Heads of state of the Southern African Development Community on Saturday took up the question of how fast Zimbabwe should move to new elections, weighing President Robert Mugabe's demands for a ballot this year against warnings from Prime Minister Morgan Tsvangirai and many others that the elections groundwork must be carefully laid.
SADC leaders were in Johannesburg for a tripartite summit with leaders of the Common Market for Eastern and Southern Africa, or Comesa, and the East Africa Community on trade integration, but its Zimbabwe deliberations drew the keenest attention.
The SADC heads of state opened their discussions on the political situation in Harare, where the power-sharing national unity government launched in early 2009 is showing signs of strain not least over the question of when new elections should be held.
President Mugabe and his ZANU-PF party insist elections must be held in 2011, but Mr. Tsvangirai's MDC formation and the smaller MDC wing of Industry Minister Welshman Ncube say many reforms are needed first, including a new constitution, a revamped voters roll and, controversially, depoliticization of the police and the military.
The main issue before the SADC leaders was whether to adopt in full the resolutions of the organization's troika on politics, defense and security issued after a March meeting in Livingstone, Zambia, calling for an end to political violence and accelerated reforms as well as the drafting of a road map to new elections including necessary reforms.
South African President Jacob Zuma, SADC's mediator in Zimbabwe, will be briefing his fellow heads of state on progress in Harare. His report to the SADC troika at the time of the Livingstone troika meeting was tacitly critical of President Mugabe and ZANU-PF, casting a chill over relations between Pretoria and ZANU-PF for some time.
ZANU-PF stepped up regional diplomacy ahead of the summit and sent a delegation to Johannesburg headed by former information minister Jonathan Moyo to lobby.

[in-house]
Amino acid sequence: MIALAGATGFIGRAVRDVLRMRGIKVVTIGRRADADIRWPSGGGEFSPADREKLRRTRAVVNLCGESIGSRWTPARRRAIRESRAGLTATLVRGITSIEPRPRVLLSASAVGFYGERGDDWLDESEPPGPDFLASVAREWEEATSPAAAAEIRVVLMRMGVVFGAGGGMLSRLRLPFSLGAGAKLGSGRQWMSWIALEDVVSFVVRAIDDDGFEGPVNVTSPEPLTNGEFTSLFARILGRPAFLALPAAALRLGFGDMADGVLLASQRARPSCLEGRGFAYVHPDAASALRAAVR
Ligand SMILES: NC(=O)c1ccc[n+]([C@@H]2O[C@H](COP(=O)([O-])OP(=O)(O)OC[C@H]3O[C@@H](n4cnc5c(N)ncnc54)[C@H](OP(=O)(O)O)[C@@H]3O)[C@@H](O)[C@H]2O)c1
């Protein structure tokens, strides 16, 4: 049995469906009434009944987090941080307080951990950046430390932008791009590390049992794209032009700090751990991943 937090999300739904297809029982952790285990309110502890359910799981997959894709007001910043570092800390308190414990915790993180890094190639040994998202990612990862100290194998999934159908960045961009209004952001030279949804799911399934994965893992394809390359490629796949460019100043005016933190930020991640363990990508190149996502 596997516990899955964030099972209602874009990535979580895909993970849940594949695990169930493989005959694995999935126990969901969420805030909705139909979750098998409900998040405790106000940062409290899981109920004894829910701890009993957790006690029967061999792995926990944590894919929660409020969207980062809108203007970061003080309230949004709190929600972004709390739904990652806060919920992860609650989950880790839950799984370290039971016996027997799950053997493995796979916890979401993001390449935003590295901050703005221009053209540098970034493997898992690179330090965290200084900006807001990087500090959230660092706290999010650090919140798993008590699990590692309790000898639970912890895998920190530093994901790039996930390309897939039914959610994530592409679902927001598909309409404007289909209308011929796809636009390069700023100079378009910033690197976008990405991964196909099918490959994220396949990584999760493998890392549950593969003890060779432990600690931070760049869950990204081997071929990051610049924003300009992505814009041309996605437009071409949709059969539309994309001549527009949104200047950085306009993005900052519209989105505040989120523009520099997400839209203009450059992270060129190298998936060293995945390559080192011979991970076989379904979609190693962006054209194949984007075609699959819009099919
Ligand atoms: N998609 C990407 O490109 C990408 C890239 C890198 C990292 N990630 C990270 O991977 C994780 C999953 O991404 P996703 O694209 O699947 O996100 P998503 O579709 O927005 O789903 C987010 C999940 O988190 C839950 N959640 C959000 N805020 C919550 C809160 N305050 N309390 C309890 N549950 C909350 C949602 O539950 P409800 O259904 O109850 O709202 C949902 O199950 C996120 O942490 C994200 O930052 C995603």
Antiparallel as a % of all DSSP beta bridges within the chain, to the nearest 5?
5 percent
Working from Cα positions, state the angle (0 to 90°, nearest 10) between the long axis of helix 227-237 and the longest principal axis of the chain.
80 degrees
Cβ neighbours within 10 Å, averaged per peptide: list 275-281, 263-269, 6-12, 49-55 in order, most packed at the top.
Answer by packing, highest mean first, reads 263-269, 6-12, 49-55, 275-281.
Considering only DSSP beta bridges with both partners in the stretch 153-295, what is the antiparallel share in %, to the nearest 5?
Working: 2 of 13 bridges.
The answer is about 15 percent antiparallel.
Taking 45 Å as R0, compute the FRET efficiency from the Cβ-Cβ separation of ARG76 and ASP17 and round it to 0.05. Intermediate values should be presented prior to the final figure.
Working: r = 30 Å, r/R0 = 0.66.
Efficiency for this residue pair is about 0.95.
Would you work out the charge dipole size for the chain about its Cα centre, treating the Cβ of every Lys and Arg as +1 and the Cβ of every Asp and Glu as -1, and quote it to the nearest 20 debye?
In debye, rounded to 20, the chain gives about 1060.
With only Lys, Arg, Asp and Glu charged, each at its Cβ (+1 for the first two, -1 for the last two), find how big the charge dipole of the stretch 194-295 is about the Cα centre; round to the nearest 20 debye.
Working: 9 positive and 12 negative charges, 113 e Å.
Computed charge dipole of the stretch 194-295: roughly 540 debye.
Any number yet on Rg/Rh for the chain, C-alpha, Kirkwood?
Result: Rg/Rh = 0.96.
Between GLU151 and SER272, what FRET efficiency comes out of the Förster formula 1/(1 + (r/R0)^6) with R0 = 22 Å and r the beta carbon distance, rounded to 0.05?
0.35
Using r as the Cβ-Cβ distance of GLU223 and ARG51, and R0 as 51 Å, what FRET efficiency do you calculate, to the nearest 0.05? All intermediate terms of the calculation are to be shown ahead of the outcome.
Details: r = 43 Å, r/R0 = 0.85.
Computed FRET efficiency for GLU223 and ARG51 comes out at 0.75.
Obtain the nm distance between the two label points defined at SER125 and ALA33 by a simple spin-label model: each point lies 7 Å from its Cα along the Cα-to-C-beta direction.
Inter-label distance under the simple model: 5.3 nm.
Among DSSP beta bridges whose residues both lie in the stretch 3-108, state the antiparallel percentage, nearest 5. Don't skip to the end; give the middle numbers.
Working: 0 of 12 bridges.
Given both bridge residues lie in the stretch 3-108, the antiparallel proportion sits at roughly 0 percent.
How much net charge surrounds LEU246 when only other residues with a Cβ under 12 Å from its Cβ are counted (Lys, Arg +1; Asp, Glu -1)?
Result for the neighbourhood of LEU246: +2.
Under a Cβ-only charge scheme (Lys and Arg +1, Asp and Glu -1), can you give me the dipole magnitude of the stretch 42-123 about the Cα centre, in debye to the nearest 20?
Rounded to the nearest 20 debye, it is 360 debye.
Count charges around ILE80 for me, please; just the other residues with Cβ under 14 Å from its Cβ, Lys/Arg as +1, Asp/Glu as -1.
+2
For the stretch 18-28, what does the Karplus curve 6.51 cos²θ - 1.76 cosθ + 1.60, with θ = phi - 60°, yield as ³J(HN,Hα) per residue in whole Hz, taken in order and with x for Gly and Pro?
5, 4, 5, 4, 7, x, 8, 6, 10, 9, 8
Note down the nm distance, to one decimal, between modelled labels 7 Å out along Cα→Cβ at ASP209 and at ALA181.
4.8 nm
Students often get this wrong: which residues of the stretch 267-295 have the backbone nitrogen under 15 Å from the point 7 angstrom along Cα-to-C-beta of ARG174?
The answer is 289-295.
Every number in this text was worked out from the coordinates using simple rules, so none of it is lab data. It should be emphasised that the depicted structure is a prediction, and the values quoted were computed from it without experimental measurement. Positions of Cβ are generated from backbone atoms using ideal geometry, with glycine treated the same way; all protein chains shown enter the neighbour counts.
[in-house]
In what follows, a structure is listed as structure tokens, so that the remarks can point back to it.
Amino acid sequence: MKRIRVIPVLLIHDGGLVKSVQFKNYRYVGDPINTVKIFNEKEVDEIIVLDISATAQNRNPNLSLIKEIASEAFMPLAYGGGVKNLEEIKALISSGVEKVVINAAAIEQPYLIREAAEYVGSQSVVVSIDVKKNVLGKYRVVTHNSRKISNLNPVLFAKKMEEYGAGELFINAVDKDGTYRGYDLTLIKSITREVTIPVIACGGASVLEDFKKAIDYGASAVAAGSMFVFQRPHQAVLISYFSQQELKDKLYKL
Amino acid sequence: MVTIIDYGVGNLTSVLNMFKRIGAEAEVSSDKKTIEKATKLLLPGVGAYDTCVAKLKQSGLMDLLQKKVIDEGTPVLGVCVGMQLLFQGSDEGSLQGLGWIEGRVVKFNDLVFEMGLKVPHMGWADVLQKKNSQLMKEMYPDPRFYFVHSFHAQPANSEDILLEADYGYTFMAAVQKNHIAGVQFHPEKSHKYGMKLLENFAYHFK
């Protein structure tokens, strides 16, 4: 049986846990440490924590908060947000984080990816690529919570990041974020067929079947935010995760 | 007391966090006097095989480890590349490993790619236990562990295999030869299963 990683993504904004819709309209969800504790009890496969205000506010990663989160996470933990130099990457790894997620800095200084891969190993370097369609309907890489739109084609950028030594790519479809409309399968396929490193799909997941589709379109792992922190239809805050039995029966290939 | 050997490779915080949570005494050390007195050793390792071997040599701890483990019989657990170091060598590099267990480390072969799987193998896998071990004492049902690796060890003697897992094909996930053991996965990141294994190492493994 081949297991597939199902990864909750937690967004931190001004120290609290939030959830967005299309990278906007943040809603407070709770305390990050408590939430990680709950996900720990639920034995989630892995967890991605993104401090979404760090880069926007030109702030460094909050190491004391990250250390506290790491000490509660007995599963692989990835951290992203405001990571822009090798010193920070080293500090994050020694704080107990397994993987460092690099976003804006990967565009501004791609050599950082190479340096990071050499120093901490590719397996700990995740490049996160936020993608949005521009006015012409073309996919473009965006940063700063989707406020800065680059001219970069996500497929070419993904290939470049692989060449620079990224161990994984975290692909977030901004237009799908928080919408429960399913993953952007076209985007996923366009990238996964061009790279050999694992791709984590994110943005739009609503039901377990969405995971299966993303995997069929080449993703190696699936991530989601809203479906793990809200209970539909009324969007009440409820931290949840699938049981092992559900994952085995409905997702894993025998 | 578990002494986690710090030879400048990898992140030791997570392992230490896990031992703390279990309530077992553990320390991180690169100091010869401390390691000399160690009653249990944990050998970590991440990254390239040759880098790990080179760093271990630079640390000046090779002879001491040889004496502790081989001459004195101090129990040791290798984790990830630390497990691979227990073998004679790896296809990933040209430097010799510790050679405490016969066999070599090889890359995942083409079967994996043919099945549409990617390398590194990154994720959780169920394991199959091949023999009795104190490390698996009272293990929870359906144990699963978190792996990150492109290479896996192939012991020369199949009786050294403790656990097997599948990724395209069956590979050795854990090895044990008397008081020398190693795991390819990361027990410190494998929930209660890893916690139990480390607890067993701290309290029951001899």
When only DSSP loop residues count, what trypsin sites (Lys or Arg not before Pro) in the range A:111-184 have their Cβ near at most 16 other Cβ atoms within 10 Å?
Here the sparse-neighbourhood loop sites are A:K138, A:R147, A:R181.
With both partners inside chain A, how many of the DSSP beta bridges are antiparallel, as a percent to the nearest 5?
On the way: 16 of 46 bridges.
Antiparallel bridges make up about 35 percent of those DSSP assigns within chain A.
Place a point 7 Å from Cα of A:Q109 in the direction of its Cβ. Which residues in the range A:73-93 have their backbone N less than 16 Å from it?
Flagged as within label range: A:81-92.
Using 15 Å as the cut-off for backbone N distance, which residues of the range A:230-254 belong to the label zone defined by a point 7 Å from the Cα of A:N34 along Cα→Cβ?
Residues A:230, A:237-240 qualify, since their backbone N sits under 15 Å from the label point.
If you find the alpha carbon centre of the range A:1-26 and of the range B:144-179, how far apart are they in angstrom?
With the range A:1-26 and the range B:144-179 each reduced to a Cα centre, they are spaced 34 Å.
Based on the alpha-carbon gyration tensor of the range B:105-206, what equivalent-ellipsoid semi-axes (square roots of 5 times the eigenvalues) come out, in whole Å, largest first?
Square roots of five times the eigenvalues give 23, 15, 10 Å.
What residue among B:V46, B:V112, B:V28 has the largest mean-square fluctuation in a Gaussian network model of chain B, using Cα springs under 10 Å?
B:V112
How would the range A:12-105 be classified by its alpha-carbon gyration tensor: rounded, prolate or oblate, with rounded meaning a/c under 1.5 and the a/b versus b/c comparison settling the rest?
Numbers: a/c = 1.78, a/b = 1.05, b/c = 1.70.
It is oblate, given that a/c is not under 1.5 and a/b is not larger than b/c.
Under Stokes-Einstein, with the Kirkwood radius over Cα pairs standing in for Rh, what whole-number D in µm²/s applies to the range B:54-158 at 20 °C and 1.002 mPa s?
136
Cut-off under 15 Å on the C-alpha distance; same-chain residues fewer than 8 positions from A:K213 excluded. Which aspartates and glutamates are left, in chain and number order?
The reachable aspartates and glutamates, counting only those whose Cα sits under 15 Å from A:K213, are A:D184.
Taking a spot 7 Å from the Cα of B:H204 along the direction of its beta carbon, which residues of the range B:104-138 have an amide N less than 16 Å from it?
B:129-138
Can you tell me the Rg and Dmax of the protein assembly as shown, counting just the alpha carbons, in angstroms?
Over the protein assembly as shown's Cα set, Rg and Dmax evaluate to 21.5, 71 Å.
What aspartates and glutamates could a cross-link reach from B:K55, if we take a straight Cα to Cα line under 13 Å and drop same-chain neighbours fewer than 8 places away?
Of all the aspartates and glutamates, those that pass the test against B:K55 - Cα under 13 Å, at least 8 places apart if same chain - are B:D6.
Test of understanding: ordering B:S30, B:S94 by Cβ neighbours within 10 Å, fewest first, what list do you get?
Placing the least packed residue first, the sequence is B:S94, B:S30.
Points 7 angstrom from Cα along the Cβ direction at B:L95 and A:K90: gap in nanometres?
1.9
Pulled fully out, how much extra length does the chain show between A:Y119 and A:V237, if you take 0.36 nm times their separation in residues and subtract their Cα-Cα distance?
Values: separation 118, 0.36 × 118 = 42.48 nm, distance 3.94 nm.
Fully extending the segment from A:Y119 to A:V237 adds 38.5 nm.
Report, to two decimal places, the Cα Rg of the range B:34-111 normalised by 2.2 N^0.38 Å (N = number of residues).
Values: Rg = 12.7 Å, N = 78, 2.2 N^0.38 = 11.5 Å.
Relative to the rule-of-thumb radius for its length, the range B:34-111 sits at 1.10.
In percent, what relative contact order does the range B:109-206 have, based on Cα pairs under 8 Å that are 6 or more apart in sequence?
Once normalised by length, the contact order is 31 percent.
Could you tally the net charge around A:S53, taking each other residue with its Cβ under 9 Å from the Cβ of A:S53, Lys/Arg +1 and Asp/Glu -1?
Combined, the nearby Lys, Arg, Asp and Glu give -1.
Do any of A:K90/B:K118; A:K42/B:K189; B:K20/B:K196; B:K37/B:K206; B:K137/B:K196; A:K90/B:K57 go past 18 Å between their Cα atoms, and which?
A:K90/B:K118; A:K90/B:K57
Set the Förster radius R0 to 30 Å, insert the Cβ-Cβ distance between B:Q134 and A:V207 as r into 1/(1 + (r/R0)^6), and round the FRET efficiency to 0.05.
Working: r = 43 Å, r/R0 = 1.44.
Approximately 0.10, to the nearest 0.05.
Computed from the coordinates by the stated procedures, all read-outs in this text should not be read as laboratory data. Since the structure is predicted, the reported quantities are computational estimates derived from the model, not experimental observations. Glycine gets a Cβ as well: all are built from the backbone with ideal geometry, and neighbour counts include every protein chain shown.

Deputy Prime Minister Arthur Mutambara tempered expectations as to what might emerge from the SADC talks on Zimbabwe and the impact that might have in Harare.
"It is essentially a progress-report meeting where the Zimbabweans through the facilitator are sharing with the SADC leaders on the progress in the country," Mutambara said. "We don't expect a silver bullet to come out of this summit - in other words, Zimbabweans must realize at the end of the day the buck stops with us as Zimbabweans.
"There is no way SADC is going to provide answers for us," he continued. "We are the providers of those answers. There is no way we are going to outsource the management of our national affairs to foreigners. Foreigners can only help us as we move on."
Earlier, representatives of Zimbabwean political parties and civil society organizations marched to the summit venue in Sandton, Johannesburg, urging the regional leaders to press Harare for a road map leading to free and fair elections.
Speaking on behalf of non-governmental organizations, Crisis in Zimbabwe Coalition Regional Director Dewa Mavhinga called on the SADC leaders not to allow elections to take place in Zimbabwe without completion of the road map reform itinerary.
Kumbirai Muchemwa, a spokesman for the Movement for Democratic Change Formation of Prime Minister Morgan Tsvangirai, called for an end to political violence.
Spokesman Busani Bhalagwe of the Zimbabwe African National Union challenged SADC to reprimand Mr. Mugabe and ZANU-PF for causing chaos and violence.
Sipho Moyo, a spokeswoman for the MDC formation of Industry Minister Welshman Ncube, called on SADC to discourage President Mugabe from calling snap elections in the absence of reforms, saying this would lead to chaos in the country.
Police ordered protesters to disperse around midday following scuffles between backers of the MDC and the Mthwakazi Liberation Front, Benedict Nhlapho reported.
Though the Zimbabwe discussions among SADC leaders seemed likely to run well into the evening, Zimbabwean political leaders were to head back to Harare late Saturday to attend the burial Sunday of liberation icon Edgar Tekere, who died this week.